The first time I met Amy Morton, North Shore restaurateur and member of the Morton Steakhouse dynasty, we drank French press coffee on velvety sofas at Found Kitchen & Social House in downtown Evanston — back when it had that 1920s Paris vibe, before she traveled to Cuba and came back to redo the entire decor.
That was three years ago, and the Highland Park native had just embarked on The Barn, a new “meat-centric” concept that had been marinating since she was 18. It was located one block away, in a building that once housed Borden Dairy’s delivery service (hence the name).
Amy’s culinary resume is well-known among Chicago foodies. For more than a decade, she worked side-by-side with her late father, Arnie, learning the restaurant business from the ground up at his restaurants. She went on to train employees at Arnie’s Restaurant, Morton’s Market Place, and First Street Pier before opening her first restaurant with brother Michael Morton (also now a successful restaurateur who lives with his family in Las Vegas) in 1988. From there she opened Mirador and The Blue Room, launching full-speed into a restaurant career that included consulting and overseeing day-to-day operations at some of Chicago’s most coveted eateries.
How would Arnie Morton’s eldest daughter reinvent the concept of the great American steakhouse in the 21st century?
There was excitement. There were bold interpretations (calves liver has been on the menu since its inception). But there was also an undeniable history that Amy both embraced and celebrated.
“I don’t think there’s a night at the restaurant when people don’t bring up my dad, and the stories are just like the stories I used to hear about my grandfather,” she said in the months after it opened.“It’s so much more than just a restaurant. There’s so much history. Sometimes I feel that I am really just a fourth-generation bootlegger. My great-grandfather was the neighborhood pharmacist, but in the back room, he was selling the good stuff.”
Those who have dined at The Barn since it opened are familiar with the signature staples—all modern takes on classic recipes her father (and grandfather) built their empires on.
Steaks are Angus beef procured from Meats by Linz, a family-owned business in Calumet City. There are a classic variety of cuts: dry-aged New York, center strip Manhattan, bone-in ribeye, and filet mignon. All are served with Amy’s melt-in-your-mouth marrow-butterball potatoes and a variety of toppers (including blue cheese, peppercorns, and béarnaise). Never mind the demiglace, which often cooks for four days to perfection.
Stalwart sides include roasted Brussels sprouts, asparagus, creamed Swiss chard, roasted mushrooms, and—one of Amy’s kids’ favorites—her homemade mac and cheese. And even if it sounds like a lot of food (and yes, it will be), you can’t finish an order without a little gem and creamy Dijon salad, made tableside. Delish, especially with some bread on the table from the ladies at Hewn, conveniently located just down the street.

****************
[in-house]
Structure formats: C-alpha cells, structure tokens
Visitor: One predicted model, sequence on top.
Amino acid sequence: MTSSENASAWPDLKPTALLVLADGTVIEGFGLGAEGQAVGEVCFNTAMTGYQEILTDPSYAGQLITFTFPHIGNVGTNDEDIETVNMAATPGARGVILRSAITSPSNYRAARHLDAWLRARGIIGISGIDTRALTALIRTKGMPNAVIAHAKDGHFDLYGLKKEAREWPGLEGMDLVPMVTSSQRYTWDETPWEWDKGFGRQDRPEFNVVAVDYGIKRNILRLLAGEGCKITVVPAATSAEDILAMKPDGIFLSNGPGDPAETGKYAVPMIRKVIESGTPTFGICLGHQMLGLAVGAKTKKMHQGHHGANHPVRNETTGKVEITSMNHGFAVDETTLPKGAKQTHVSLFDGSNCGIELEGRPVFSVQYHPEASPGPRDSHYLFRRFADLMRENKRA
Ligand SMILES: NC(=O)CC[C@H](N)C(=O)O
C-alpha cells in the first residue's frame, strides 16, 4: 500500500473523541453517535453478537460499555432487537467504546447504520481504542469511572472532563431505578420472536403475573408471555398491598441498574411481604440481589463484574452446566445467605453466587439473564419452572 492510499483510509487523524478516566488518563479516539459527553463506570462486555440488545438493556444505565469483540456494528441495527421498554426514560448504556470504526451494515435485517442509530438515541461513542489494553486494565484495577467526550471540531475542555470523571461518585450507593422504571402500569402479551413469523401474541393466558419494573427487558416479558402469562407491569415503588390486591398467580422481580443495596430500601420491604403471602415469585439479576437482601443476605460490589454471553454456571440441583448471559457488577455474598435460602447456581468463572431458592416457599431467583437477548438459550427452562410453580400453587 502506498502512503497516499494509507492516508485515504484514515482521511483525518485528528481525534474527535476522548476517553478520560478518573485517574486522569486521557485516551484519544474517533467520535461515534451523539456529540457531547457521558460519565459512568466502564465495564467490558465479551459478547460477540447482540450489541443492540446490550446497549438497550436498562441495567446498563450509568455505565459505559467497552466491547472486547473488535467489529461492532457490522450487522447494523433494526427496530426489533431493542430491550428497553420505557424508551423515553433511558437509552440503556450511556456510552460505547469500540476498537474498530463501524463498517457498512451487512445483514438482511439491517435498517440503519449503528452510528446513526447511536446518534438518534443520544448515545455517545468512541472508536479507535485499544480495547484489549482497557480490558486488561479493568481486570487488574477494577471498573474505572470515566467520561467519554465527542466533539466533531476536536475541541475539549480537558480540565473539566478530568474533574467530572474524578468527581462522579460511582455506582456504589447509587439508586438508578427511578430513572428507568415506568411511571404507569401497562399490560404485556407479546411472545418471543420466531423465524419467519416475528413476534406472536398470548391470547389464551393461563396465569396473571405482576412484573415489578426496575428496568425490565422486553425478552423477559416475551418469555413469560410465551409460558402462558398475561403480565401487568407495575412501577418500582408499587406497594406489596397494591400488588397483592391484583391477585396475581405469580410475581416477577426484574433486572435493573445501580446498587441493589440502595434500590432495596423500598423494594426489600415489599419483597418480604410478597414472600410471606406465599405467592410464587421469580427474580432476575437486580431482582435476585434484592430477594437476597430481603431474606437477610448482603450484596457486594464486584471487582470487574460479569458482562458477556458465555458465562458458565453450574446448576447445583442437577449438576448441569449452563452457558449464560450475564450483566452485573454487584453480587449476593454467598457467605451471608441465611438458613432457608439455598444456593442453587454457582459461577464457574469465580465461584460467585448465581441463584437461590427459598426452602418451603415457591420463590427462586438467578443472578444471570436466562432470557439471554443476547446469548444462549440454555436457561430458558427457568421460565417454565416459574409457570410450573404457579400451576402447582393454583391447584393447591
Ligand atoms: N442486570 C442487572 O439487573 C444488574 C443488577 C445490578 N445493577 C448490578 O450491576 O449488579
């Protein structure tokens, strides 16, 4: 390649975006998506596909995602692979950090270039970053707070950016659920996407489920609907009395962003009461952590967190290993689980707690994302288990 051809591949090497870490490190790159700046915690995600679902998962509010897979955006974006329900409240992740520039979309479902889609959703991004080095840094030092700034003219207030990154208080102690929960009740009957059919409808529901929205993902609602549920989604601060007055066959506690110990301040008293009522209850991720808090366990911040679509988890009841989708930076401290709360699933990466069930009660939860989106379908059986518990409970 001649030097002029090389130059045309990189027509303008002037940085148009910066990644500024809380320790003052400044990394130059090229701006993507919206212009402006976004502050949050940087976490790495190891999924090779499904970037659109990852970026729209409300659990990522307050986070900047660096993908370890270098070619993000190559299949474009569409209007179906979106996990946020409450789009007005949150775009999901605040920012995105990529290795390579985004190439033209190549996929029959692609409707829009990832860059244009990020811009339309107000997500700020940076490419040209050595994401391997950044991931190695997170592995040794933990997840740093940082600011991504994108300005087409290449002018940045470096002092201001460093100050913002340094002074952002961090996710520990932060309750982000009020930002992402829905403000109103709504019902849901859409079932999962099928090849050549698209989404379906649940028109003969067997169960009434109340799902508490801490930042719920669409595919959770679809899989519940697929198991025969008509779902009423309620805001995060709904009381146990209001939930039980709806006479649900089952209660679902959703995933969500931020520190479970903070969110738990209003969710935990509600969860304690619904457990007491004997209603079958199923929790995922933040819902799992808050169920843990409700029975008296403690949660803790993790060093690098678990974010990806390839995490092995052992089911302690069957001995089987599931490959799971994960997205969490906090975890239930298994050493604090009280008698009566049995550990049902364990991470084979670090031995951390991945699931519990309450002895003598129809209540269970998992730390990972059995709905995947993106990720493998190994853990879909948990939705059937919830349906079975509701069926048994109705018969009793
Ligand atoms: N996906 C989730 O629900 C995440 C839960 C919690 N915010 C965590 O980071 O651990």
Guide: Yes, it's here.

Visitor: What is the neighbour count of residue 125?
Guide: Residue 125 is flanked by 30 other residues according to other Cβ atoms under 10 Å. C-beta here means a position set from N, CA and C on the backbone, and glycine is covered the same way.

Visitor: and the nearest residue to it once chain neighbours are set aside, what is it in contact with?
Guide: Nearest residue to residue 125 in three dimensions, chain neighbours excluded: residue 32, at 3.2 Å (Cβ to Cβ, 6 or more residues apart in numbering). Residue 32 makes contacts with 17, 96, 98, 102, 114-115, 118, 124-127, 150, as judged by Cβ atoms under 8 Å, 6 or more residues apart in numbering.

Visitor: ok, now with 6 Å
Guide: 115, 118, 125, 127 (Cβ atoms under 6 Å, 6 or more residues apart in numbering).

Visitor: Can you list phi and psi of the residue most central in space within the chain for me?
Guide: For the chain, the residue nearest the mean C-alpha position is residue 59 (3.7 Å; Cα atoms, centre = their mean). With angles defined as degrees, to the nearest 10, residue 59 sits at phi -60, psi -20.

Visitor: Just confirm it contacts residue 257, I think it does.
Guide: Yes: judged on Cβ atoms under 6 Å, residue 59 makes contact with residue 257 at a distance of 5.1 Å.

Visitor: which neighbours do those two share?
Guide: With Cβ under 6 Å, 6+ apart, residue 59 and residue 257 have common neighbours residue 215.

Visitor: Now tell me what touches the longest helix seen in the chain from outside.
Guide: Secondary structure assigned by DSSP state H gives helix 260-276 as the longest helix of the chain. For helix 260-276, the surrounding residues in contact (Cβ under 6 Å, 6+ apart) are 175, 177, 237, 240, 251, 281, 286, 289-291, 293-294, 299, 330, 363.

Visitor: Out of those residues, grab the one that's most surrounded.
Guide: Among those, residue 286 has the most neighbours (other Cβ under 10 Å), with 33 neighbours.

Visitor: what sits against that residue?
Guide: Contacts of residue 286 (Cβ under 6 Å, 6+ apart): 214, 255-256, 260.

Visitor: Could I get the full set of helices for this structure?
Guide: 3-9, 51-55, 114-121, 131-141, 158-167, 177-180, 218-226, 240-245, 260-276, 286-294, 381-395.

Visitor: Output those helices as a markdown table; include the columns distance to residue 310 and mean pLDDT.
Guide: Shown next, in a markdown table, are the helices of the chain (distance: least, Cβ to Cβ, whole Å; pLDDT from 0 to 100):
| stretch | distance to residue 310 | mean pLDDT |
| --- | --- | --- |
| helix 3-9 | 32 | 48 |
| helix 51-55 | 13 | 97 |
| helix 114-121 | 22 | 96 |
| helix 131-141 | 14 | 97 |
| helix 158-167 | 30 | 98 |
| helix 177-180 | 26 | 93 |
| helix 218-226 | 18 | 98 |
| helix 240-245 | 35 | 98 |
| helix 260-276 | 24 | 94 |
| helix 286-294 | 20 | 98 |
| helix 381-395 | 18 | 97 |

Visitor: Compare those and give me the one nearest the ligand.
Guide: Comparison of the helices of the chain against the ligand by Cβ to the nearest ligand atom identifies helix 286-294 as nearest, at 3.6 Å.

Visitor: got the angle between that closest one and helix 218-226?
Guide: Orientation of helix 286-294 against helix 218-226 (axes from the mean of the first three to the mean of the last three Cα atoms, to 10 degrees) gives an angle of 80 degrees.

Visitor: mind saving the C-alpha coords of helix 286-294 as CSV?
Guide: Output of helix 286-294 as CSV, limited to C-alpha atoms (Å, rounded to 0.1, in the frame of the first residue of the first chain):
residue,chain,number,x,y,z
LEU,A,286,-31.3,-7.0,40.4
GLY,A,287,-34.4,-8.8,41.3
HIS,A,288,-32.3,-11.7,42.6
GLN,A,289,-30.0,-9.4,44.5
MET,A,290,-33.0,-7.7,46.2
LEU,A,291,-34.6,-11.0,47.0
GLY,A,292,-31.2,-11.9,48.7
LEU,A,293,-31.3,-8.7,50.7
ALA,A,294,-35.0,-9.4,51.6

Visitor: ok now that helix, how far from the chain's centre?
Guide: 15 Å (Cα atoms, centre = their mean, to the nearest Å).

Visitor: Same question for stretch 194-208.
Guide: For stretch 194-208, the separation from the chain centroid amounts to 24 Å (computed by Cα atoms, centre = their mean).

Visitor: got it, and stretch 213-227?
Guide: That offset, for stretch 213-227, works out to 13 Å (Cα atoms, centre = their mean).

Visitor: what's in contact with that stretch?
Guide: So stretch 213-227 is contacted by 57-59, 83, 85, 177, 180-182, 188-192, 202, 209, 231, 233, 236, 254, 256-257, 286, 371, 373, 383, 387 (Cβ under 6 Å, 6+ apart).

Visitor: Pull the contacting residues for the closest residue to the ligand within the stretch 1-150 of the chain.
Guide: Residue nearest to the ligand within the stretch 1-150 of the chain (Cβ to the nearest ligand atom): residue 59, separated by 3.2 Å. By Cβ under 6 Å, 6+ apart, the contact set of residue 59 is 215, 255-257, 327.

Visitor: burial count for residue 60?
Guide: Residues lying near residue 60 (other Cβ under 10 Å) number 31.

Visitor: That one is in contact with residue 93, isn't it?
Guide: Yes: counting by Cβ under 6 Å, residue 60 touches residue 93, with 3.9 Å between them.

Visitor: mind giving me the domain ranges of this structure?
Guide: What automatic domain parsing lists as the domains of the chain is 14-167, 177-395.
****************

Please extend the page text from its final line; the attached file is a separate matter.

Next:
The Barn has received rave reviews throughout Chicago, from fans new and old. But earlier this year, Amy and her team decided to give the menu and the concept a refresh, lending the menu and ambiance an even more profound, old-Chicago steakhouse vibe.
Think about adding a buttery lobster tail to that Porterhouse (ordered off-the-menu, of course). Or, if red meat isn’t what you’re craving, opt for a bison bolognese (with hand-dipped ricotta, red wine, and chitarra pasta), seared halibut (with mushrooms, asparagus, and fingerling potatoes), or the roasted vegetable Provençal.
The latest lineup of appetizers (which I had the luxury of sampling on a recent visit) goes beyond the long-standing (and always delicious) French onion soup and steak tartare to include a dish called The Grand Central Caviar Sandwich (wild American bowfin caviar, farm egg, and crème fraiche) and a yummy ceviche with cucumber, avocado, oranges, and lime juice.
Finish the meal with a small, but carefully curated dessert list that features everything from the simple and elegant–a bowl of fresh mixed berries or a selection of artisanal cheeses, to old family recipes: Arnie’s chocolate velvet cake never goes out of style.
“We are always evolving,” says Amy, explaining that The Barn is becoming less formal as it growswith the Evanston community. “I believe in this process of becoming. We are already who we were in the beginning. We’re born who we are, and life is about getting us to where we’ve always been.”
Not all tables have tablecloths these days, and the ambiance is less austere and more hometown. “I want it to feel like a place where you can walk in and get a steak or a hamburger any night of the week,” she adds.
And as Amy has said many times, if she learned anything from her father and grandfather (her grandfather owned Morton’s restaurant in Hyde Park) it was that hospitality is about more than serving people a meal. It’s about making them feel warm and welcome, as you would welcome a guest into your home.
“That is the core of how I feel about this business,” she adds. “People have so little free time so when somebody chooses to come to The Barn, it is our privilege to take care of them.”
If you haven’t visited recently, we highly recommend it. The “good stuff ” is always better with age.
The Barn is located in an alley off of 1016 Church Street in Evanston. Check out the latest menu offerings (including a Prix-Fixe “Early Bird” dinner menu that features three courses for $30, every night but Saturday) by calling 847-868-8041 or visiting thebarnsteakhouse.com.